Wednesday January 15, 7:27 pm ET
By Peter Henderson
LOS ANGELES, Jan 15 (Reuters) - Third-ranked ABC Television hopes that a search for the sexiest people in America plus a show putting minor celebrities in peril will re-energize its turnaround as network executives on Wednesday showcased midseason and summer shows for critics.
By the time fall rolls around, ABC plans to have aired a dozen reality-based shows, including ones featuring a hunt for sexpots, a prime time beauty contest and plastic surgery make-overs, but executives promised to maintain standards at the network known for family entertainment.
"It is a very nice way to heat up a cold time period," Susan Lyne, president of ABC Entertainment Television, told critics as she outlined the network's midseason strategy.
Would-be hunks and babes open competition in "Are You Hot: The Search for America's Sexiest People", from the producers of "The Bachelor" on Thursday, Feb. 13.
"This is a contest where intelligence, achievement have absolutely no bearing, but it will be a very entertaining show," Lyne said with a laugh.
Real people will get tummy tucks and nose jobs free for showing audiences the transformation process in "Extreme Makeover", which will air for six episodes in the same time period beginning on April 3.
'GET ME OUT OF HERE'
ABC will also debut a special reality-based show in the crucial February "sweeps" period, which is key for setting advertising rates: "I'm a Celebrity - Get Me Out of Here" will air 15 nights in a row, beginning on Wed., Feb. 19.
It pits a group of minor celebrities including video jockey "Downtown" Julie Brown and Olympian Bruce Jenner against nature in the Australian outback. The audience can eliminate contestants and the winners take home money for charity.
Ratings at the Walt Disney Co.-owned (NYSE
IS - News) network have improved since the fall with the success of its comedy "8 Simple Rules for Dating My Teenage Daughter" and reality hit "The Bachelor", but it is still coming from behind, especially on Thursday nights.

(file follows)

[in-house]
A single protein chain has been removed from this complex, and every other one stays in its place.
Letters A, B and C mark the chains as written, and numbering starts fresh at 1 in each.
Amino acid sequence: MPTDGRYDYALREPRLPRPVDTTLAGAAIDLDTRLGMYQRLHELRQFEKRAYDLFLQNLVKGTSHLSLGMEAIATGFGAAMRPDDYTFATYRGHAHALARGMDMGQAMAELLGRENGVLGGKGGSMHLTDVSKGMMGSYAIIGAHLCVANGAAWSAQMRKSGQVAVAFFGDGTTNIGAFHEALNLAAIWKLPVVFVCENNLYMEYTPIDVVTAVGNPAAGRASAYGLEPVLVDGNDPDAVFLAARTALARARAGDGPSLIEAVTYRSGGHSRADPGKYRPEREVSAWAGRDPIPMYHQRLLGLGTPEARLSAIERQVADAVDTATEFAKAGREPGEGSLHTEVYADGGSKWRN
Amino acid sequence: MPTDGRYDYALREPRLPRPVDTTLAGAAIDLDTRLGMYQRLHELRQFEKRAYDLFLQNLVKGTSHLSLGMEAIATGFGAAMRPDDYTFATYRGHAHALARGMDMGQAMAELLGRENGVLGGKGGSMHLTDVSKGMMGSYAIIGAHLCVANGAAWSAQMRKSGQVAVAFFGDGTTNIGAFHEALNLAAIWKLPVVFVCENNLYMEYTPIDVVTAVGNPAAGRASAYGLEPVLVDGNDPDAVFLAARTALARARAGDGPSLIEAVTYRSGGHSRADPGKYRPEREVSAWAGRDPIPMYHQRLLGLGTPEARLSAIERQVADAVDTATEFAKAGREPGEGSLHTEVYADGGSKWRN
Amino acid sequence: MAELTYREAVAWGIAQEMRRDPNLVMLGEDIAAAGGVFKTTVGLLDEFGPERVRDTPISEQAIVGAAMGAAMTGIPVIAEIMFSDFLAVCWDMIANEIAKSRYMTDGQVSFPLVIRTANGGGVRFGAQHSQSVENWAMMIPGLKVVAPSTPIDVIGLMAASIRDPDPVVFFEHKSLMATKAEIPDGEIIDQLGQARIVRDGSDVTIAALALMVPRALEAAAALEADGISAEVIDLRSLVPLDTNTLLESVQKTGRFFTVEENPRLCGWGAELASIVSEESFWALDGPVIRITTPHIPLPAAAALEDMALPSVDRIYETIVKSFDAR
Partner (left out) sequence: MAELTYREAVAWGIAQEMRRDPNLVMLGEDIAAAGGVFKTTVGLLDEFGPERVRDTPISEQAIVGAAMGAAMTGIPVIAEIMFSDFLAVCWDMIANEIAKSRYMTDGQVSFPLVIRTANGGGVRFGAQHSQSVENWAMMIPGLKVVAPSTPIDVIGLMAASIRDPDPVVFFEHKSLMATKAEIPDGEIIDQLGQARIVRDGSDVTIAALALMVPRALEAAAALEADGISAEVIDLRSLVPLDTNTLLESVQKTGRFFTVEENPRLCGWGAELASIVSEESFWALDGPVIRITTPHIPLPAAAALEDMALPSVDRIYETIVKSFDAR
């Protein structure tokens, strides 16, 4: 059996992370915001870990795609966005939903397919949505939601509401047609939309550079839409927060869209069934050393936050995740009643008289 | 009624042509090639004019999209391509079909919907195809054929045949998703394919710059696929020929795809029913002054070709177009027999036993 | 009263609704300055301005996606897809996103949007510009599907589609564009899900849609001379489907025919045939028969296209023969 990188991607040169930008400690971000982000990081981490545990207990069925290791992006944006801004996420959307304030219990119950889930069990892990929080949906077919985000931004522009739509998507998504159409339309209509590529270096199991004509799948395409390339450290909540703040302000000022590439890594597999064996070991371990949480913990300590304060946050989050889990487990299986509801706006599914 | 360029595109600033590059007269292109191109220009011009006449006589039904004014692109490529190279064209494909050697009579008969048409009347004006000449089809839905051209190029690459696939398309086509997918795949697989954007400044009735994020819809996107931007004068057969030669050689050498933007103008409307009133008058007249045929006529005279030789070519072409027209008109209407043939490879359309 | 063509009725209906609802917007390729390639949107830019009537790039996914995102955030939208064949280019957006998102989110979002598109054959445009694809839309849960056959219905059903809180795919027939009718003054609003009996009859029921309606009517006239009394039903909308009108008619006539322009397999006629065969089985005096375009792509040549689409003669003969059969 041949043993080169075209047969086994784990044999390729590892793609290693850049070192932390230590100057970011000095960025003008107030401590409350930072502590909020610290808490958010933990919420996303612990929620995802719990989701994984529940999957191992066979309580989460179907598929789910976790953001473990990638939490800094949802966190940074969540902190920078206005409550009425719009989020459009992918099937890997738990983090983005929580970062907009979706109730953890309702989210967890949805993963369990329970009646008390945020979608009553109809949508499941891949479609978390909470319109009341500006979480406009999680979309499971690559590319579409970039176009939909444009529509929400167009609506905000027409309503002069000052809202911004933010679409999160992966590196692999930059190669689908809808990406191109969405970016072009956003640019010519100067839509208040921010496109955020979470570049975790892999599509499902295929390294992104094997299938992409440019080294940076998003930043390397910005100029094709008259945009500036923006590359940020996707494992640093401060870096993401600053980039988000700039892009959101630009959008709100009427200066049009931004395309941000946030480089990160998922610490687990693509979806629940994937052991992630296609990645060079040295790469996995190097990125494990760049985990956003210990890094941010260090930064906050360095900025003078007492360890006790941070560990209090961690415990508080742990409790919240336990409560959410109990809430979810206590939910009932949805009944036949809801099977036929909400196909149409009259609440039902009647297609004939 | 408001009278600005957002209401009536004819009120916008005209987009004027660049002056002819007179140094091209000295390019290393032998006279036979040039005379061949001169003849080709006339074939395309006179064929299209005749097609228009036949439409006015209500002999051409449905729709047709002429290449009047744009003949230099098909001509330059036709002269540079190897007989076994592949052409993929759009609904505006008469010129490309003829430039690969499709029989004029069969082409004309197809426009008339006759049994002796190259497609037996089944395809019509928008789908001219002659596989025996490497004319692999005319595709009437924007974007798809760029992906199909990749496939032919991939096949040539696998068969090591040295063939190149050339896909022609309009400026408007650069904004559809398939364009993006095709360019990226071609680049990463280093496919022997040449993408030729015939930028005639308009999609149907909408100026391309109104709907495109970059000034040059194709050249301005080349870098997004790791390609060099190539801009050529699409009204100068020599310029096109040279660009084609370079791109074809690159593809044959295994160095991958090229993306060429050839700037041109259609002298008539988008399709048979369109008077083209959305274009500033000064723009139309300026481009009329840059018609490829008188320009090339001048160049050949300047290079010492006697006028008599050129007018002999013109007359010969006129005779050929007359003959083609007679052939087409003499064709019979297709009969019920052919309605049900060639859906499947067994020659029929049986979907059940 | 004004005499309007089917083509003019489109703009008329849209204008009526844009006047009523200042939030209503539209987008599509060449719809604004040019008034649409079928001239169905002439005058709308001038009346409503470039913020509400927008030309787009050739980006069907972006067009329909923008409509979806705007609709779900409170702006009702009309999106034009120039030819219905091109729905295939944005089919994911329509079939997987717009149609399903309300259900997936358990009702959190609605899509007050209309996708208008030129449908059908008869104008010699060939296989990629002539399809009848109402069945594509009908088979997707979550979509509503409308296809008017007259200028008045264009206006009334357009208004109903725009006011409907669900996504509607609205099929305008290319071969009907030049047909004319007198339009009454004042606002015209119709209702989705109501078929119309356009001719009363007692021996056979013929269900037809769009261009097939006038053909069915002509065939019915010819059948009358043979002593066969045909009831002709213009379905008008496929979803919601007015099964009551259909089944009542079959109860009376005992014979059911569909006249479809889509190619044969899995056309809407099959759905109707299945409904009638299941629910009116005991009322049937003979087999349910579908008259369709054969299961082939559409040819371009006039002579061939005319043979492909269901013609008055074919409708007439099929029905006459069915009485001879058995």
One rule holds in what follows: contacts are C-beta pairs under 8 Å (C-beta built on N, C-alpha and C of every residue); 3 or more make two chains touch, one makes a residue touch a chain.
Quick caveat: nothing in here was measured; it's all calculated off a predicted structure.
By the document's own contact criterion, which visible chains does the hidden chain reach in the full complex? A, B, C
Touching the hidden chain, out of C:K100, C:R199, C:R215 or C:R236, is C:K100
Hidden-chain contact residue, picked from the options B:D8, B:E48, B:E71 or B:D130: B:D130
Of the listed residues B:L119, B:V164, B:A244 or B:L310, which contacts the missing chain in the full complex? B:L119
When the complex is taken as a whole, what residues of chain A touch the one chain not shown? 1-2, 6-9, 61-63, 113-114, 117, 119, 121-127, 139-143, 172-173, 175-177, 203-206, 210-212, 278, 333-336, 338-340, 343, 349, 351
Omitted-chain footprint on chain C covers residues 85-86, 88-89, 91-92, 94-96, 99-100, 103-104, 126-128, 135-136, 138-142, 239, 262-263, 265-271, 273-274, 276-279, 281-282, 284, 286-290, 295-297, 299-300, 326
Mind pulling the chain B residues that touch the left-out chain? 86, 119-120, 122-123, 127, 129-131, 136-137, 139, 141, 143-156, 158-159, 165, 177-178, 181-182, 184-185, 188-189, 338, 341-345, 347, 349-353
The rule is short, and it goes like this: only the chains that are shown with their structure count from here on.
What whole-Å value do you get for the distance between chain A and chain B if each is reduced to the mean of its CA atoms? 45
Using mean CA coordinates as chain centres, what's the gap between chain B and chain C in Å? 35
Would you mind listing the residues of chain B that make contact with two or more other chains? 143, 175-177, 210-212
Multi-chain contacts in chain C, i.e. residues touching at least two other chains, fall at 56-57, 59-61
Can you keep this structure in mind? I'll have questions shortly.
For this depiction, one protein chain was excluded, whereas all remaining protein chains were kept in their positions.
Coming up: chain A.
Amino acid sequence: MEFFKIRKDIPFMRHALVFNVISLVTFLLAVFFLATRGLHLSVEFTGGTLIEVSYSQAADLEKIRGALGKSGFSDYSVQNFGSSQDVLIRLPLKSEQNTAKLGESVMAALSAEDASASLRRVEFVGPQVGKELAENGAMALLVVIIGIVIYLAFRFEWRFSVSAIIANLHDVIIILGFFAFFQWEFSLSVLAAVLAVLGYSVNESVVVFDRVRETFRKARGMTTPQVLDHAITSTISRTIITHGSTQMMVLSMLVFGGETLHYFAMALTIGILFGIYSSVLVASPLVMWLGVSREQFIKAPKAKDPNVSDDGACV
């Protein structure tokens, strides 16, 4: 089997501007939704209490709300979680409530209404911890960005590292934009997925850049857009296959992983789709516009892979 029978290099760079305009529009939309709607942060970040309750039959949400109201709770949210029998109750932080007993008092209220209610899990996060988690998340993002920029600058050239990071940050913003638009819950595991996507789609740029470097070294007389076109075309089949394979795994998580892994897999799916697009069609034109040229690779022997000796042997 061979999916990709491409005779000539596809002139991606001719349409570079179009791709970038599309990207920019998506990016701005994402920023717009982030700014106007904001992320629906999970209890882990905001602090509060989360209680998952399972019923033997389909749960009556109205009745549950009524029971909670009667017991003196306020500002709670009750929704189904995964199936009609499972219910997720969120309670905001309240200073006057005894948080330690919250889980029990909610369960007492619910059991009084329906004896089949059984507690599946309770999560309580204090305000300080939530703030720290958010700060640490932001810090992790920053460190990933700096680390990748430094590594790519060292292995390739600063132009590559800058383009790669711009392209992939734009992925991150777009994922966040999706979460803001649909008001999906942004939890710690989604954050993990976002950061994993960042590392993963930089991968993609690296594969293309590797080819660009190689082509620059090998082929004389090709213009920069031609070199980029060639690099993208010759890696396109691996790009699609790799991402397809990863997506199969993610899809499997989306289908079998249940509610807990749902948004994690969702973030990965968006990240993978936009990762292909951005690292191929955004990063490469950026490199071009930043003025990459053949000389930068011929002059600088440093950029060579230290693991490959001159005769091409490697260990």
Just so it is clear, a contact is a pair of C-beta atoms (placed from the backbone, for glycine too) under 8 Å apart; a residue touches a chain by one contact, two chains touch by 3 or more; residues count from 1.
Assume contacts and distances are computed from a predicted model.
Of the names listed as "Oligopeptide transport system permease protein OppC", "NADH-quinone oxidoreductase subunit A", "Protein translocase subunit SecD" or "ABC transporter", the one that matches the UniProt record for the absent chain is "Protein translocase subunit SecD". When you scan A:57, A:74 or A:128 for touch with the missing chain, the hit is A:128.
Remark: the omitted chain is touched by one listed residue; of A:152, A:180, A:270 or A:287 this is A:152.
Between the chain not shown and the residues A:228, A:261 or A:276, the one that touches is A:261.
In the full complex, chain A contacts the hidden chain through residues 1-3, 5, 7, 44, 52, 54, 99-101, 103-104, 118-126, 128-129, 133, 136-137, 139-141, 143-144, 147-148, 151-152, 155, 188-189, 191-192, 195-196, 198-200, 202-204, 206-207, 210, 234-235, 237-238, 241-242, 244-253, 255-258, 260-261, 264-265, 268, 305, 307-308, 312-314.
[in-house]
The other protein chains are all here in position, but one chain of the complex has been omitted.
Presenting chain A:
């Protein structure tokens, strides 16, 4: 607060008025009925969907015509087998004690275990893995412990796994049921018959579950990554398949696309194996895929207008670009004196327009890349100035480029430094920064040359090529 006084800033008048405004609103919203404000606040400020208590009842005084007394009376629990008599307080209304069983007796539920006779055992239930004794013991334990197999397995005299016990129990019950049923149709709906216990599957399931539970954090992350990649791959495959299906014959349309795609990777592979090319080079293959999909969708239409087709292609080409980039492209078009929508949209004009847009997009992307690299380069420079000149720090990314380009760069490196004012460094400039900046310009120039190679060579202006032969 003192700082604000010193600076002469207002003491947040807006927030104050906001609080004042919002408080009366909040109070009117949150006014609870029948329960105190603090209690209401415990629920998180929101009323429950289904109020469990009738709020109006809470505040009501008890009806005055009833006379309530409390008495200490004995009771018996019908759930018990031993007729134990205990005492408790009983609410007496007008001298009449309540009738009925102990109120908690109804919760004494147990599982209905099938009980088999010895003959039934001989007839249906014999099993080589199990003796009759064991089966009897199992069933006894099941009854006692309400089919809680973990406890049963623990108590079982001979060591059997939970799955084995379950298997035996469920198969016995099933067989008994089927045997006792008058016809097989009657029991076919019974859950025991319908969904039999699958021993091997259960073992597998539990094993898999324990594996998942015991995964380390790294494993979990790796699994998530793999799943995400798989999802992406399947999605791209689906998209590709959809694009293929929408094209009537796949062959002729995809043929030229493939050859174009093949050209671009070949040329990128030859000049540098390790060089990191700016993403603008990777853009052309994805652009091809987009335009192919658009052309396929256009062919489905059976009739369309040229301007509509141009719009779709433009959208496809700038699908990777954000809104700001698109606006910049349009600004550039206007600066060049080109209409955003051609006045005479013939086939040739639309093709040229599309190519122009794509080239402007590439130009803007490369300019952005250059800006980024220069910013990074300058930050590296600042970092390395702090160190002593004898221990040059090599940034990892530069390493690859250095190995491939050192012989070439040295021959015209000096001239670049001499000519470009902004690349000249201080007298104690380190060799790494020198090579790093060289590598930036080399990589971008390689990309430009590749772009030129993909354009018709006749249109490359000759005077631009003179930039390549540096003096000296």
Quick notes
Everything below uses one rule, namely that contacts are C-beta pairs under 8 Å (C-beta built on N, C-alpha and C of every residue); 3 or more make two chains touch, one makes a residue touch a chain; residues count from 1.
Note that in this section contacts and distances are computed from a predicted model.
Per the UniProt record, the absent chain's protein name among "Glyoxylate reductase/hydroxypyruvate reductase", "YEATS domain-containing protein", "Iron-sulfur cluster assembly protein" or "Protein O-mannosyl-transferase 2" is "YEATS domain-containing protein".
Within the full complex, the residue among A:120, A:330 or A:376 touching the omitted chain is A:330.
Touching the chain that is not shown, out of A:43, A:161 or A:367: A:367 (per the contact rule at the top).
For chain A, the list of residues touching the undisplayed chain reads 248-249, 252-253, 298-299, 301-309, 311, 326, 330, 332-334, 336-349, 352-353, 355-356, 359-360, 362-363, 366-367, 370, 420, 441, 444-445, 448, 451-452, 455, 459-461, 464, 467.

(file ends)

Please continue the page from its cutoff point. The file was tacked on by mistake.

That is where the company expects to gain momentum quickly, especially among younger viewers, with two reality shows.
Reality shows -- relatively cheap to produce and easy to promote -- are like crack cocaine for networks, Lyne said. But she and ABC Entertainment Chairman Lloyd Braun said they had avoided mean-spirited shows to maintain quality and would not overdose on the genre.
"You are not going to see a schedule littered with reality," Braun told reporters. "There are shows that we will not do, and you sort of know them when you see them. But I absolutely believe a show like 'Extreme Makeover' can coexist with "The Practice", he added referring to the hit legal drama.
REALITY AND DRAMA
ABC has a history of family shows, such as "Happy Days," "Roseanne" and "Home Improvement", and executives last year had hoped to ride that wave again as they righted the network, which had fallen to third place behinds CBS and NBC.
This season's "8 Simple Rules for Dating My Teenage Daughter" followed the family-oriented trend, and ABC will debut situation comedy "Regular Joe", starring Daniel Stern as a single parent, at a still-to-be-decided date.
More traditional dramas also are in store, such as an updated version of the classic crime drama "Dragnet," starring "Married With Children" star Ed O'Neill as police detective Joe Friday. It begins on Feb. 2.
"Veritas: The Quest", a father-and-son archeological thriller, and the supernatural thriller "Miracles" both premier on Jan. 27.
But ABC has had a taste of reality-show success with the new franchise "The Bachelor", which follows a young man choosing a mate from a bevy of female contenders, winnowing the field each week. The follow-up "Bachelorette" has proved to be a smash, too, and the next Bachelor edition begins March 26.
Critics pressed the ABC executives to defend the taste and volume of new reality shows, such as "Are You Hot" and "All American Girl," a beauty-pageant-style show which debuts Wednesday, March 19 at 9 p.m. ET.
"'All American Woman' doesn't have the same ring," Lyne joked. But she said the show would test all aspects of contestants' characters. "Whoever ends up winning it, I would put against any man in the country," she said.
So many choices, so little time, and only 6 tuners from my 3 Directivo's.